Brutality Shows Through China’s Tattered Reputation

The world is witnessing the true nature of the CCP and its series of catastrophic failures

Commentary

China has a public relations problem that gets worse every day. The world has awoken from its enchantment with communist state capitalism and has a clear picture of what life would be like if the Chinese regime replaced the United States.

It’s a nightmare the world can certainly do without.

It wasn’t so long ago that much of the world admired China. For nearly 10 years, the Chinese Communists Party (CCP) touted its state capital economic model as the successor to American style liberal capitalism in the 21st century, and many nations agreed.

And why wouldn’t they?

From 1990 to 2020, China went from an economic basket case to a global leader in manufacturing, technology, and military prowess. And of course, the CCP has taken full credit for the country’s dramatic transformation.

But that’s not the whole story. A little historical background is helpful.

A History of Failure and Oppression

For the first three decades after the communist takeover in 1949, China suffered failure after failure, with one tragedy following another. From famines to floods to massive civil unrest to state-orchestrated murder on an industrial scale, life in China was brutal and difficult—except, of course, for members of the CCP.

From 1958 to 1962, the disastrous Great Leap Forward led to the Great Famine, industrial failures, and dozens of dam failures that killed hundreds of thousands of people, if not more. From the mid-1960s to the late 1970s, the Cultural Revolution resulted in the persecution of anyone with a trade or education and the starvation of millions more. By 1979, the CCP had its back against the wall. The communist-led country remained a technologically backward agrarian nation that couldn’t feed itself.

Fearing the wrath of the people, the CCP, led by Deng Xiaoping, decided to play the American card. Beijing invited American money and technological know-how into China, and dangled the world’s largest slave labor force before their eyes in return. The United States jumped at the offer with both feet, as did Europe and Japan.

Epoch Times Photo
A rickshaw driver peddles wounded people to a nearby hospital in Beijing after they were attacked by Chinese soldiers in Tiananmen Square on June 4, 1989. (Liu Heung Shing/AP Photo)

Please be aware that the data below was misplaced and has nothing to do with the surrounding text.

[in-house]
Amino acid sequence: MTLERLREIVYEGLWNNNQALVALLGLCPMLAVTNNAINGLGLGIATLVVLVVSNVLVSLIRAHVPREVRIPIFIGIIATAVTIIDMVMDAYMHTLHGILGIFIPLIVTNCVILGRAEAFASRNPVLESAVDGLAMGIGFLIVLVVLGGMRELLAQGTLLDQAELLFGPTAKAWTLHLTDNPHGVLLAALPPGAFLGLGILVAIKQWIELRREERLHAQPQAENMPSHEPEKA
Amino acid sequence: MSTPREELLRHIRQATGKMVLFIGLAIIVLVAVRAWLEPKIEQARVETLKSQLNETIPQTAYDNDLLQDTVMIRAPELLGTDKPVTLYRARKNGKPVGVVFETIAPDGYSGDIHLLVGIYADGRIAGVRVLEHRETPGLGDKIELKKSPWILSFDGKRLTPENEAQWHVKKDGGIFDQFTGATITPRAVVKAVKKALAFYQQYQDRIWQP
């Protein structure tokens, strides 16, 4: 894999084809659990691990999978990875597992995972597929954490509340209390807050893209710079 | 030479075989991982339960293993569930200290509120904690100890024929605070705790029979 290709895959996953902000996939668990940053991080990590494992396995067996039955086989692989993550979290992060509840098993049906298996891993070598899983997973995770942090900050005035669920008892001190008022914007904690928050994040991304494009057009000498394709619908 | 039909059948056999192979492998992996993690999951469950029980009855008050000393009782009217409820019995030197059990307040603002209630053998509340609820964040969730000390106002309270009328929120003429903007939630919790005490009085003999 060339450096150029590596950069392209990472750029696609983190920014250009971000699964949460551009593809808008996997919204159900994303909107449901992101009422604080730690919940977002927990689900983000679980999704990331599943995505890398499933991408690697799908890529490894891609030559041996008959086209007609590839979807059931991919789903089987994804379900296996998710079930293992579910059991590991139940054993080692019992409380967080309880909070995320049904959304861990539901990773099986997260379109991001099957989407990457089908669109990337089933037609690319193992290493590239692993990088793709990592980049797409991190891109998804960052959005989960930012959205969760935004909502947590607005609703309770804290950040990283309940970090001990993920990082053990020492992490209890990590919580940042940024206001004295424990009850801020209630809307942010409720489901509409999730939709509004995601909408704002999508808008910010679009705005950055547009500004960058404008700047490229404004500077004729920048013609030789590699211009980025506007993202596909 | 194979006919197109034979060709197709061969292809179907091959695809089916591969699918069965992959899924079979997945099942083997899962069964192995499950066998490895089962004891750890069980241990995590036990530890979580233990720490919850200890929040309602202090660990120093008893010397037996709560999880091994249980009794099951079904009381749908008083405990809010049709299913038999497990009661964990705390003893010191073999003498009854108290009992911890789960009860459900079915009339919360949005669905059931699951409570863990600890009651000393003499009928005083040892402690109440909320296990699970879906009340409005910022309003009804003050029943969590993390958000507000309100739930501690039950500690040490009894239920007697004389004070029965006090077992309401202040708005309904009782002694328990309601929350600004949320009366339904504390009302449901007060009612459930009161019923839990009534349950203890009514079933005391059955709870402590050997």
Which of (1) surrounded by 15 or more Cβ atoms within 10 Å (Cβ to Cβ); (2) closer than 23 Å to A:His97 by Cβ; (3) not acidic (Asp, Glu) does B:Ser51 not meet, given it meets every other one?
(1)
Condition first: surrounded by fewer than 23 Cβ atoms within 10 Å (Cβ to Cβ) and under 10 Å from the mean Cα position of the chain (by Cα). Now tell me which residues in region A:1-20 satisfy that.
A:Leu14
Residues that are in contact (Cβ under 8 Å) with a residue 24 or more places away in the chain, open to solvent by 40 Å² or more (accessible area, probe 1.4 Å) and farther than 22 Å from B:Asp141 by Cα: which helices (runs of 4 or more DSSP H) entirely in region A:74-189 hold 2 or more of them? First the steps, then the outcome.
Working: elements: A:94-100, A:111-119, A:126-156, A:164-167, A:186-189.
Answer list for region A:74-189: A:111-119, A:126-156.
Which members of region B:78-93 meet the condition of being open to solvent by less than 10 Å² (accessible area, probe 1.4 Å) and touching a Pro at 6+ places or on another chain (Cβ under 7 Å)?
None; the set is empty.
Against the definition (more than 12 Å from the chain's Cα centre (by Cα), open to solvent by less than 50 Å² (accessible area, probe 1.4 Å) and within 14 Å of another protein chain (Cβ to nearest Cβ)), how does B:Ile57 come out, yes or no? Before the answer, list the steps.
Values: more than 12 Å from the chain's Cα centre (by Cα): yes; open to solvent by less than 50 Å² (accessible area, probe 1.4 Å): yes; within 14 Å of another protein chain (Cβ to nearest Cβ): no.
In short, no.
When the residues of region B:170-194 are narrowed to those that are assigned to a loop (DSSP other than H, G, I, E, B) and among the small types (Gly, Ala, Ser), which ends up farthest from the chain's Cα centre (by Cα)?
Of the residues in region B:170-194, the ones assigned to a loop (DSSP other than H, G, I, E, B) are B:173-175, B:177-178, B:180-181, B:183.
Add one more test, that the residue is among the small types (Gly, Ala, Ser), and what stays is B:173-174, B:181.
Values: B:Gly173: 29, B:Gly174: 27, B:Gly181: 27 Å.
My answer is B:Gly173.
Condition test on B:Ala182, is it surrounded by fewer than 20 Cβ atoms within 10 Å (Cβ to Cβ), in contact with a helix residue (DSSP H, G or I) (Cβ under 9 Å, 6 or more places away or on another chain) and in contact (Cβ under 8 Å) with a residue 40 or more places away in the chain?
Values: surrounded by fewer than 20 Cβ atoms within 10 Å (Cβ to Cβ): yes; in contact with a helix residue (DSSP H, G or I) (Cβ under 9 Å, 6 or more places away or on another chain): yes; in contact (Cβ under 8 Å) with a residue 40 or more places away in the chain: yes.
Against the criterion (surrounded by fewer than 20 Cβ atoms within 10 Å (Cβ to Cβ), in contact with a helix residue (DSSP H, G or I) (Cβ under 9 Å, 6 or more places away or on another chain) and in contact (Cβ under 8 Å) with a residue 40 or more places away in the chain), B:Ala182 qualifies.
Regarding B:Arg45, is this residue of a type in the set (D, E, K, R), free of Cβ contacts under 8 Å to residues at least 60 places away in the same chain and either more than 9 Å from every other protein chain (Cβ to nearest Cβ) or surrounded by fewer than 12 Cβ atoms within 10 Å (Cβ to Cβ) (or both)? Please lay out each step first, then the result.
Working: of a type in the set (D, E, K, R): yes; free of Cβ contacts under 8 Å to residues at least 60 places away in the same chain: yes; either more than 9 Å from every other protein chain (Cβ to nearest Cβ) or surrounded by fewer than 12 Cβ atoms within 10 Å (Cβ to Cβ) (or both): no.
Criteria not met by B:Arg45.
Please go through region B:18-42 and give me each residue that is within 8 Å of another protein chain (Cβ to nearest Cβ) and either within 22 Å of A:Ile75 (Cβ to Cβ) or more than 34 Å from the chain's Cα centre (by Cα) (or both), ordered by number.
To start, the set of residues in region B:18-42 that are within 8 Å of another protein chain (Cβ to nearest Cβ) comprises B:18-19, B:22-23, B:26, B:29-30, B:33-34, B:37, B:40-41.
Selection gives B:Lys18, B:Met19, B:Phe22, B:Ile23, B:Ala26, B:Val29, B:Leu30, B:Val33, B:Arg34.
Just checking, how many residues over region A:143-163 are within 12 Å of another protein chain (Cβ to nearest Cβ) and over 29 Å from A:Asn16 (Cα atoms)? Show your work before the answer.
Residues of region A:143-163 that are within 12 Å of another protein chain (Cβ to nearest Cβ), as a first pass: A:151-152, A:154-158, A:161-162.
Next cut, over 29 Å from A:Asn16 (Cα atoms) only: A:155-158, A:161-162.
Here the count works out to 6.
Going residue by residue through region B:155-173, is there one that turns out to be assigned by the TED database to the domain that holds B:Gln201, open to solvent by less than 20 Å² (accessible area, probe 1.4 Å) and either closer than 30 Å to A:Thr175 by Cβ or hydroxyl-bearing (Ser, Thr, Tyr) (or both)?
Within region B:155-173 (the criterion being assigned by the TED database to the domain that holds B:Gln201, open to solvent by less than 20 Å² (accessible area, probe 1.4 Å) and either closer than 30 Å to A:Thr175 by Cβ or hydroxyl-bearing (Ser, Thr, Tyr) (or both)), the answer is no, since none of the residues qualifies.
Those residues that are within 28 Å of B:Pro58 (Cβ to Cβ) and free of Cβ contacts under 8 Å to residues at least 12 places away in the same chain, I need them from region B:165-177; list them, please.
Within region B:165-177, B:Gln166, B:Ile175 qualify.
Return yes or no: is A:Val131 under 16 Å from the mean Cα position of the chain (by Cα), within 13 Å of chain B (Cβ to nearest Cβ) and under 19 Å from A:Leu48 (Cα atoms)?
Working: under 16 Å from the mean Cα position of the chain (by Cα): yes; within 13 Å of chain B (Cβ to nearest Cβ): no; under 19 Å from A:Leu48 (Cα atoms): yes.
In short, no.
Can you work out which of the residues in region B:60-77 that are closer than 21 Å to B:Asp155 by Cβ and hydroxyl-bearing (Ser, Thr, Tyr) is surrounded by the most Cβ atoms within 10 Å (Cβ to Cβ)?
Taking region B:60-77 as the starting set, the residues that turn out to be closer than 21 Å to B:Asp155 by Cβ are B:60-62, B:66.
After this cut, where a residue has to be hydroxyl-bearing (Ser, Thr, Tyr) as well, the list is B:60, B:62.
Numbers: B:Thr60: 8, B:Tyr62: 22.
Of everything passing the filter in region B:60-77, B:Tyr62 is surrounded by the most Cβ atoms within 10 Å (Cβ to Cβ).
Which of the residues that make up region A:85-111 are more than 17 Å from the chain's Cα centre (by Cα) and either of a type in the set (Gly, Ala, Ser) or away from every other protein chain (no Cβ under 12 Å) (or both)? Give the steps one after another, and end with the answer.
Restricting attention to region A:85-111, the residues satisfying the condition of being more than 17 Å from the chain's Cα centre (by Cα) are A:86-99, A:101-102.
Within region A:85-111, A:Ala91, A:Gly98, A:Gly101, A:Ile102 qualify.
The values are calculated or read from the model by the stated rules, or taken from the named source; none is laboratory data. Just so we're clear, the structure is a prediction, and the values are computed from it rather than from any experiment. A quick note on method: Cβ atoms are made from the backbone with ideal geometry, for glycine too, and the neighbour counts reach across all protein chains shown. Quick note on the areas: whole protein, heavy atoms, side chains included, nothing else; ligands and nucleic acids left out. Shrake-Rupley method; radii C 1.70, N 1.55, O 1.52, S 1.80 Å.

By 1989, China’s GDP had grown from about $178.3 billion in 1979 to over $348 billion, with a middle class made up of merchants and manufacturers. Their college-aged children, who knew only a rising standard of living, held aspirations of a new, free and prosperous China. Fearing obsolescence in the face of a new generation accustomed to the idea of liberalization, which was championed by the deceased leader Hu Yaobang, the Party crushed the liberty demonstration at Tiananmen Square at the cost of 10,000 or more young lives.

And it worked.

A Rapid Transformation

By 2010, China’s rapid transformation was unprecedented. The “China Miracle” seemed to show the way for other nations in Asia and around the world. But along with the elevation of some 400 million of its citizens out of poverty, it also involved the enslavement of tens of millions of Chinese in factories.

Epoch Times Photo
Human rights advocates Ethan Gutmann, David Kilgour, and David Matas have published their findings from investigations into organ harvesting of Falun Gong practitioners in the books: “The Slaughter” and “Bloody Harvest.” (The Epoch Times)

There was also the confiscation of property, the imposition of the one-child policy, a horrific organ harvesting industry, the utter despoilment of its natural environment, and the worsening of religious persecution of Christians and Falun Gong practitioners. And of course, over the past several years up to today, up to 1 million Muslim Uyghurs have been detained in re-education camps.

Grand Schemes for the World

Recently, with its new wealth and technological development and descent into a one-man dictatorship, the CCP set up several grand schemes targeting the rest of the world. This soft power play was Beijing’s toxic version of foreign aid and foreign trade.